Marketing’s Least Loved: Availability bias 

In her regular column for Mumbrella, VMLY&R chief strategy officer Alison Tilling looks at the impact of the mind amid marketing.

Do more words in the English language start with the letter ‘k’, or have the letter ‘k’ as their third letter? Got your answer? More on that later, but first, some context… 

What is the availability heuristic, or availability bias? 

It’s the human tendency to think that examples of things that come readily to mind are more representative than is actually the case. In Thinking Fast and Slow, psychologist and economist Daniel  Kahneman described it as the tendency “to assess the relative importance of issues by the ease with which they are retrieved from memory”.

For example, air crashes tend to hit the media headlines, often as vivid and dramatic stories, which makes them spring easily to mind; this might lead us to fear an air crash, and behave accordingly – whereas the facts would tell us that statistically car crashes are a lot more common.  

Why did it evolve? 

Your brain knows that remembering facts and making decisions is hard work. So it made a shortcut: if something can be recalled easily, it must be important. When you’re making decisions, especially risk assessments, at speed, this heuristic can be the difference between life and death, or just between a hard time and an easy one. Like all the human brain’s ways to cut itself some slack, it can also lead us to some very strange decisions. 

Start with sharp – how brands grow, and the importance of mental availability 

Brands are shortcuts in people’s minds: the more mentally available your brand, the more it comes to mind first in a buying situation, the better. This we know from Sharp’s How Brands Grow and other works since. So it’s clear that availability bias is crucial in marketing, because it suggests ways our brand will come to mind more easily in a buying situation. 

There’s a holy trinity with the Availability bias or heuristic: something is more likely to be ‘available’ in the brain if it is recent, vivid, or familiar – or all three.  

First, the two R’s: Recent and easily retrieved 

We heavily weigh our judgment on information we’ve come across more recently, because that is what the brain throws to the surface first. We also tend to focus on that which can be easily recalled. 

Let’s go back to the letter ‘k’ challenge at the start of the article. This was one of the experiments that Amos Tversky and Kahneman used to explore the availability heuristic. 

Admit it – your brain first decided there are more words starting with the letter ‘k’, didn’t it? There are actually far more words in the English language with ‘k’ as the third letter than as the first letter. However, it’s much easier for your brain to recall information about words that start with ‘k’, whereas for third letter ‘k’ your brain really has to some hard work – and so this information is pushed down the ranking, and the judgment call is made.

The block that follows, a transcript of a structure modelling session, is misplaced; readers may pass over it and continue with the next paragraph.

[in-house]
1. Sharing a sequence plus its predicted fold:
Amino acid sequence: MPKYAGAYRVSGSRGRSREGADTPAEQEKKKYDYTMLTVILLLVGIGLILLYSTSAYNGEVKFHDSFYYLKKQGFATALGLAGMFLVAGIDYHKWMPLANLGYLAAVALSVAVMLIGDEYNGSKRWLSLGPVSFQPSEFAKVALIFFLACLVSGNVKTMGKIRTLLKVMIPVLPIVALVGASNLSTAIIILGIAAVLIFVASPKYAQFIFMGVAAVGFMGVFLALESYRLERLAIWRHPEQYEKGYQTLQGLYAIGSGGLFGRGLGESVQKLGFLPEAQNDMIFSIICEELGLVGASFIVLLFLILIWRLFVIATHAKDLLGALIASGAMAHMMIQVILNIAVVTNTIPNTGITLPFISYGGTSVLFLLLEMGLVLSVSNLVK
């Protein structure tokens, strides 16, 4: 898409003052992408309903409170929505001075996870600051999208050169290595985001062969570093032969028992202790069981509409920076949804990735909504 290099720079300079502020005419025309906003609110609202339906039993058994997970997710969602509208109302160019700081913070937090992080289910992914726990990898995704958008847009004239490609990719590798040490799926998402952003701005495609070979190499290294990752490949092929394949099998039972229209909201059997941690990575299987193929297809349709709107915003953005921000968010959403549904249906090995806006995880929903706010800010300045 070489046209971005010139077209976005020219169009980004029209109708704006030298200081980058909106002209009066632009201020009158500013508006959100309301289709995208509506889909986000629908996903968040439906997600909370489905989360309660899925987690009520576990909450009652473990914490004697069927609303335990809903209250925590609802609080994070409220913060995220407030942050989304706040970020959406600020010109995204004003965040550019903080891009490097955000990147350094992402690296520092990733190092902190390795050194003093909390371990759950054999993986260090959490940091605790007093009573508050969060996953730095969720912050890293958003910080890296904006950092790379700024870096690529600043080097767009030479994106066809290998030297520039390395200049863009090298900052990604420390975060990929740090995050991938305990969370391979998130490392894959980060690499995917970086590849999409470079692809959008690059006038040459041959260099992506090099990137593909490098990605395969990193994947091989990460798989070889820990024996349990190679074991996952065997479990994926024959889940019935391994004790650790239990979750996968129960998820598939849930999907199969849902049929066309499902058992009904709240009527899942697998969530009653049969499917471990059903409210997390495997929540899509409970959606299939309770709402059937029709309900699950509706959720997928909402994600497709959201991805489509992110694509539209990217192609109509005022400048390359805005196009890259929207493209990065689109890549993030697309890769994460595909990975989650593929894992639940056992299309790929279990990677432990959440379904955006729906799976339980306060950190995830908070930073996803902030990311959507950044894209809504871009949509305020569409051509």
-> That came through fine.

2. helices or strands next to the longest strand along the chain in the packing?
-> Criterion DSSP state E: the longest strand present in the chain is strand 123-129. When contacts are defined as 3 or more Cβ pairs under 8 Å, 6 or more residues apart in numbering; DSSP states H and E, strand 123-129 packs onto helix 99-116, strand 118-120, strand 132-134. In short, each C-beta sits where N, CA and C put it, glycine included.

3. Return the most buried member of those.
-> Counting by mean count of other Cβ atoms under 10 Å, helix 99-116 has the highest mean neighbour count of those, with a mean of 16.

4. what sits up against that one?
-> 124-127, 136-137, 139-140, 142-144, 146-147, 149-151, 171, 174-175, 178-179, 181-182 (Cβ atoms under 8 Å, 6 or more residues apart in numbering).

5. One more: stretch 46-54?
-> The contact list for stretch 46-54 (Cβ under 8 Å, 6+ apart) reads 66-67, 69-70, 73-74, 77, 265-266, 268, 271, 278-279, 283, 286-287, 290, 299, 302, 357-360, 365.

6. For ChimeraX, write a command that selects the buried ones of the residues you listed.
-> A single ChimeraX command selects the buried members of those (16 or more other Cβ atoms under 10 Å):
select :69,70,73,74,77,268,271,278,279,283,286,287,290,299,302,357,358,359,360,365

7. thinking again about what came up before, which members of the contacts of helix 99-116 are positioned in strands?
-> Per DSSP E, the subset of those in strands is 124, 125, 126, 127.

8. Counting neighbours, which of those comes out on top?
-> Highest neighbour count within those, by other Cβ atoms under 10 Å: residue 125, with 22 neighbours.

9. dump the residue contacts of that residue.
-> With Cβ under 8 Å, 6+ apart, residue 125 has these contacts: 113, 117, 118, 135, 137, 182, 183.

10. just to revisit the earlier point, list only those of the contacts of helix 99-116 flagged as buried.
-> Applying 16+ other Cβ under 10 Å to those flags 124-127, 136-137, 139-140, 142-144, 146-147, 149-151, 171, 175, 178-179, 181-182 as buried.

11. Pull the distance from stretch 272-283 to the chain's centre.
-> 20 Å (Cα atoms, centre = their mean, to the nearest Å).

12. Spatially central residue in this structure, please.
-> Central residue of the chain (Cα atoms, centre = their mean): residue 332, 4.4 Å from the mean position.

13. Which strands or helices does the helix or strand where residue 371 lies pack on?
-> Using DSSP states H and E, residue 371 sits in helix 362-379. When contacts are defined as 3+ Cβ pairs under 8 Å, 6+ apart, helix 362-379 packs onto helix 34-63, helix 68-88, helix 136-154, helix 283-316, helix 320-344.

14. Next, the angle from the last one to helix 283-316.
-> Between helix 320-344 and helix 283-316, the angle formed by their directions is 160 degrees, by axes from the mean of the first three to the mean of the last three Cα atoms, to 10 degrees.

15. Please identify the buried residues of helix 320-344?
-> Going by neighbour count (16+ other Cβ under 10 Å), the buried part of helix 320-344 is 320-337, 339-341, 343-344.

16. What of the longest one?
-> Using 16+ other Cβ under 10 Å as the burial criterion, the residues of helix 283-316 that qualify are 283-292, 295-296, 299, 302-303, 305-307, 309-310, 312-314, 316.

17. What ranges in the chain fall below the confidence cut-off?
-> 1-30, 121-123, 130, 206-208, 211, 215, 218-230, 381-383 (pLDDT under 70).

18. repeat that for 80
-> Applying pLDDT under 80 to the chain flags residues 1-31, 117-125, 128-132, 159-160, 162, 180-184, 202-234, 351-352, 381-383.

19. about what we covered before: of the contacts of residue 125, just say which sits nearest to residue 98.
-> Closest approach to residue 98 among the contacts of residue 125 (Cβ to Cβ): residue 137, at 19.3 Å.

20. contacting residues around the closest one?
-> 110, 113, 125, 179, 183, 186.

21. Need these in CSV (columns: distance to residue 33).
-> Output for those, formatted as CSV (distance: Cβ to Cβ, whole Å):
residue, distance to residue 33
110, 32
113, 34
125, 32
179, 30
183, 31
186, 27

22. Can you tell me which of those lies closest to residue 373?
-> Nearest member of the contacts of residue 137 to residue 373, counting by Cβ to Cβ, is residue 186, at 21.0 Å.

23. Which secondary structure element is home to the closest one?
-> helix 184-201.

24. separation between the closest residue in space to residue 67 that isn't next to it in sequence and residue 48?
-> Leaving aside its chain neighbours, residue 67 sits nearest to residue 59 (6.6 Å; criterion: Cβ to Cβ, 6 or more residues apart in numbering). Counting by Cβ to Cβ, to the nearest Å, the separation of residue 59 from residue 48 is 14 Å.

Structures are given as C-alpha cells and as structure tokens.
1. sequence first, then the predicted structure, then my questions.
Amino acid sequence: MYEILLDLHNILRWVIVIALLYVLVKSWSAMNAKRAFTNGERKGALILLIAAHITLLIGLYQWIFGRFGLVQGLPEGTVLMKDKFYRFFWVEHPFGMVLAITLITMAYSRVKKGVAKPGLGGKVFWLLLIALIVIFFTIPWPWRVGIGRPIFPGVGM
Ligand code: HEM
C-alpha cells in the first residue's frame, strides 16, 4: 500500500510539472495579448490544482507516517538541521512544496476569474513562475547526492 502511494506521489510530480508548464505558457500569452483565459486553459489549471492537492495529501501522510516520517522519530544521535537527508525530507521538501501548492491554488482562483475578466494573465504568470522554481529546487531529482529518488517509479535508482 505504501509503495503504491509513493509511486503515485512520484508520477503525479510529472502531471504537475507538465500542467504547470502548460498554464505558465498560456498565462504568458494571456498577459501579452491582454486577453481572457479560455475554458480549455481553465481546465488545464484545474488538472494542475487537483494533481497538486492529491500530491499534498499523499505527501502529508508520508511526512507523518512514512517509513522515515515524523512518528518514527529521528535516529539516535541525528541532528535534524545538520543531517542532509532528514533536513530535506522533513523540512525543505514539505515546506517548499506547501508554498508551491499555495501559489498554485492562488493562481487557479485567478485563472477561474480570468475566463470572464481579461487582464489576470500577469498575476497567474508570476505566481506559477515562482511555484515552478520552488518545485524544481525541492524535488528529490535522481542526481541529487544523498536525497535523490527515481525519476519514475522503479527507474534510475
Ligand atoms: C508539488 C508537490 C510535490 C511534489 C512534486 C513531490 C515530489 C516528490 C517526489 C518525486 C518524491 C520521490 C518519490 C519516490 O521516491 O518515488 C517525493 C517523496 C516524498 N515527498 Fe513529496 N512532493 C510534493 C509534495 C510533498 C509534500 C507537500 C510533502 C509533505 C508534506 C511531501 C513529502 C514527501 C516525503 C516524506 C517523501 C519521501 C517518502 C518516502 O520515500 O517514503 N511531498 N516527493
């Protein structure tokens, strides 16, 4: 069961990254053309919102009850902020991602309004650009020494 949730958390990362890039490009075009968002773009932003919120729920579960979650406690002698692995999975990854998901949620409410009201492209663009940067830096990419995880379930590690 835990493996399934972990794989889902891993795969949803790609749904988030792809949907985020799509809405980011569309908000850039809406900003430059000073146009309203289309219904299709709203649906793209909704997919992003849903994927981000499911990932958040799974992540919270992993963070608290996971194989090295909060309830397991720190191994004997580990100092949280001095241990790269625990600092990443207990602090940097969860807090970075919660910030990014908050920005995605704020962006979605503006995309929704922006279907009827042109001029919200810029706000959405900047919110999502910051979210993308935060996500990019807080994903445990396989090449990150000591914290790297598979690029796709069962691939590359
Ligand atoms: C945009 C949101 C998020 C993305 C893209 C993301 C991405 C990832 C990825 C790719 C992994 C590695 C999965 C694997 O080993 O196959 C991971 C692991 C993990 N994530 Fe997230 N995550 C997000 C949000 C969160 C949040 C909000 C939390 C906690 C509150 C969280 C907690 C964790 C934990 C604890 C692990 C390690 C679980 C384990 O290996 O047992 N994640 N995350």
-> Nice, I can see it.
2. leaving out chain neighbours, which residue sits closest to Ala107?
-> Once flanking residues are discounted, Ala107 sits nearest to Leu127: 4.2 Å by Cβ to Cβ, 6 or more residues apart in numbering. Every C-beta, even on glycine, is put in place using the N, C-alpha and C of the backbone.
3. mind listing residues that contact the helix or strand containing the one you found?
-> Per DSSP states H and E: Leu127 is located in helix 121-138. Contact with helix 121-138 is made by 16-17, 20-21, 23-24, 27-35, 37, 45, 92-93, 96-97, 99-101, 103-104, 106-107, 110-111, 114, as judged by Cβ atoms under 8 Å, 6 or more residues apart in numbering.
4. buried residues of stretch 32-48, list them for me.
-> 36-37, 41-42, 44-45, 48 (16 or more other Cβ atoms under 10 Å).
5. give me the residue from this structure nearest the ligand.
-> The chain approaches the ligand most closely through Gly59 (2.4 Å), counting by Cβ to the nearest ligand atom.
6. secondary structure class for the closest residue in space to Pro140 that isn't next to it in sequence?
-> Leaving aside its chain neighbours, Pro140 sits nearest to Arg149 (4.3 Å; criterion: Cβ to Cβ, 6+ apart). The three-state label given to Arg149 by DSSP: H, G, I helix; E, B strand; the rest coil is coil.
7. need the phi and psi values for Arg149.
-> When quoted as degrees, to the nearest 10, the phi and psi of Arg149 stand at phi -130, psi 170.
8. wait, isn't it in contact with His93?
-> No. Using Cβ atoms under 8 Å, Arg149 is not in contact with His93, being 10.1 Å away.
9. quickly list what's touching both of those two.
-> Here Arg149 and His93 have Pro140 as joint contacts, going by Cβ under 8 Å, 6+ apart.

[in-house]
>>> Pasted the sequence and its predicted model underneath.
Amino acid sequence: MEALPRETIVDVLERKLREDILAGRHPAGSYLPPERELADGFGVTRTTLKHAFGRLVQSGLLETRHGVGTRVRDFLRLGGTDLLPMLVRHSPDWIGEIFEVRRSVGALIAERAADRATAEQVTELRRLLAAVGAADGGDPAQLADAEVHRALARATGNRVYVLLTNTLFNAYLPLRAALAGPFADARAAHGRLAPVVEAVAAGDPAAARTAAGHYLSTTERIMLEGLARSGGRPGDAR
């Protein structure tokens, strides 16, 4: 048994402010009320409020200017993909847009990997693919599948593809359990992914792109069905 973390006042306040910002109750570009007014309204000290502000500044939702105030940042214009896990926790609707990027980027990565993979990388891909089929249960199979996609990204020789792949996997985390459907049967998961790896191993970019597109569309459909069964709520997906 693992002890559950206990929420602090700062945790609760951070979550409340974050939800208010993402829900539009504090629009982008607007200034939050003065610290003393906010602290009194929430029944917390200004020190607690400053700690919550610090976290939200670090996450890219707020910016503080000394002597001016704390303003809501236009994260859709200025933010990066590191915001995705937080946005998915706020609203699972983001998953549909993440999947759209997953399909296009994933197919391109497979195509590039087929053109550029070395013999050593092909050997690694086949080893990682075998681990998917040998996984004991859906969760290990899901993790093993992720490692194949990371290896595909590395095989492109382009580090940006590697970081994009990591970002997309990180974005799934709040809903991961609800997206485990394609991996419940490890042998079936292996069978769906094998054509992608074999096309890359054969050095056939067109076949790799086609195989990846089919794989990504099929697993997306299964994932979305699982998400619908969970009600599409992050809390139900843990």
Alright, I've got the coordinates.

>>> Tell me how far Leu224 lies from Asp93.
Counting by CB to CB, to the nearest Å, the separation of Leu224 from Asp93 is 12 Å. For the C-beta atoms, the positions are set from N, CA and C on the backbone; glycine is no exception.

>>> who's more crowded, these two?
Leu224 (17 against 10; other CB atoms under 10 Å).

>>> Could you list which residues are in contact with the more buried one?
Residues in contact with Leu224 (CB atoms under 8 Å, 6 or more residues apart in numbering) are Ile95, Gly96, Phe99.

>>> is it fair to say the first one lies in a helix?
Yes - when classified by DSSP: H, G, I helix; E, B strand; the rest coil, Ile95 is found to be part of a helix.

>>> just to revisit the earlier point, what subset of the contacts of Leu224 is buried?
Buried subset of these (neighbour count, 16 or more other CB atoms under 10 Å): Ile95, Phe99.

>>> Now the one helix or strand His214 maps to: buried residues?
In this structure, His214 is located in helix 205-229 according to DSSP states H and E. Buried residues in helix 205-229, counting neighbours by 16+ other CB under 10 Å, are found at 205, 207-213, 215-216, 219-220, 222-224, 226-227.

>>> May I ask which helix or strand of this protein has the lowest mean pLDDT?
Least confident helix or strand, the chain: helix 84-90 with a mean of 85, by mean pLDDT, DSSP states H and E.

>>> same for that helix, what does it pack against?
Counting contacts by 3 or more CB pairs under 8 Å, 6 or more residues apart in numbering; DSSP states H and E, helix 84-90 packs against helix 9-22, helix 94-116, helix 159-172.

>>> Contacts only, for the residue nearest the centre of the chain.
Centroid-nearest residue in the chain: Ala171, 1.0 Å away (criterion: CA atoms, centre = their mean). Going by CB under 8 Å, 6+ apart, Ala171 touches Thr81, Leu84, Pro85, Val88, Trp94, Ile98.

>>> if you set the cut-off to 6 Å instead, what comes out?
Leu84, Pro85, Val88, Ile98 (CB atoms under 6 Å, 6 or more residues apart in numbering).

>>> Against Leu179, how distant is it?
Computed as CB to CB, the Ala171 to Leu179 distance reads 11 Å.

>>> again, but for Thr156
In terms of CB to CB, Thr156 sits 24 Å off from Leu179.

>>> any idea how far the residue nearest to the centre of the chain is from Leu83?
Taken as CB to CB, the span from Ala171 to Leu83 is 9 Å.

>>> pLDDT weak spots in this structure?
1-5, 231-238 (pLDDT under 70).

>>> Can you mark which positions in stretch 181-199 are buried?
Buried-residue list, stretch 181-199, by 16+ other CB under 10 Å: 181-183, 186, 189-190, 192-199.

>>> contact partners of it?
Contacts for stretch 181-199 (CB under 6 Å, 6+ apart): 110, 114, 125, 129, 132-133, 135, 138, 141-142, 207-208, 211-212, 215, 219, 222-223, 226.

Second, if you want to be available, be vivid 

We talk a lot about ‘emotional’ advertising, but that doesn’t mean reflecting emotions back to people. It means being vivid, visceral, conjuring feelings not just displaying or montaging them. This kind of vivid can build mental availability for a brand by making memories and associations easier to access. 

Take Volvo and the Van Damme splits ad, for example. There is no emotion displayed – this is JCVD we’re talking about – but you wince just thinking about it, and while you may not attach precision reverse steering to that association, it probably has increased the availability Volvo has in your mind. Try using ‘vivid’ as a tone word, for tone of voice, tone of visual and tone of action, and see if that helps spur a different kind of emotion. 

Familiarity breeds… ease 

The human brain also tends to upweight information that feels familiar or personal to us. This makes availability bias a self-fulfilling prophecy. As we see information it is of course recent, we then become more familiar with it and start to see it everywhere – termed the Baader-Meinhof phenomenon.  

However, there is an interesting edge to explore here on what familiarity with brand usage can do for attention and recall. A 2019 study (Journal of Business Research 2020, Simmonds et al) found that “…if heavier brand users have more accessible favourable attitudes towards the advertised brand, this “attitude availability” may improve encoding of the brand even at low levels of attention to advertising”. And if advertising can attract light and non-users’ attention, this attention has a stronger influence on their brand recall than attention from heavier users. This suggests two areas for further exploration: how might we make CX even better at encoding for brands, and how might we build a feeling of usage on fast-forward for non-users, to encode more mental availability more quickly? 

While the Availability Bias or Heuristic can lead us to some questionable decisions, it is an important bias to navigate in marketing. Understand the holy trinity of ‘Recent, Vivid, Familiar’, and explore how to use them either to build availability for your brand, or perhaps to raise the rational mind to its reliance on this heuristic and find ways to disrupt it.  

Alison Tilling is the chief strategy officer at VMLY&R. Marketing’s Least Loved is a regular Mumbrella column.


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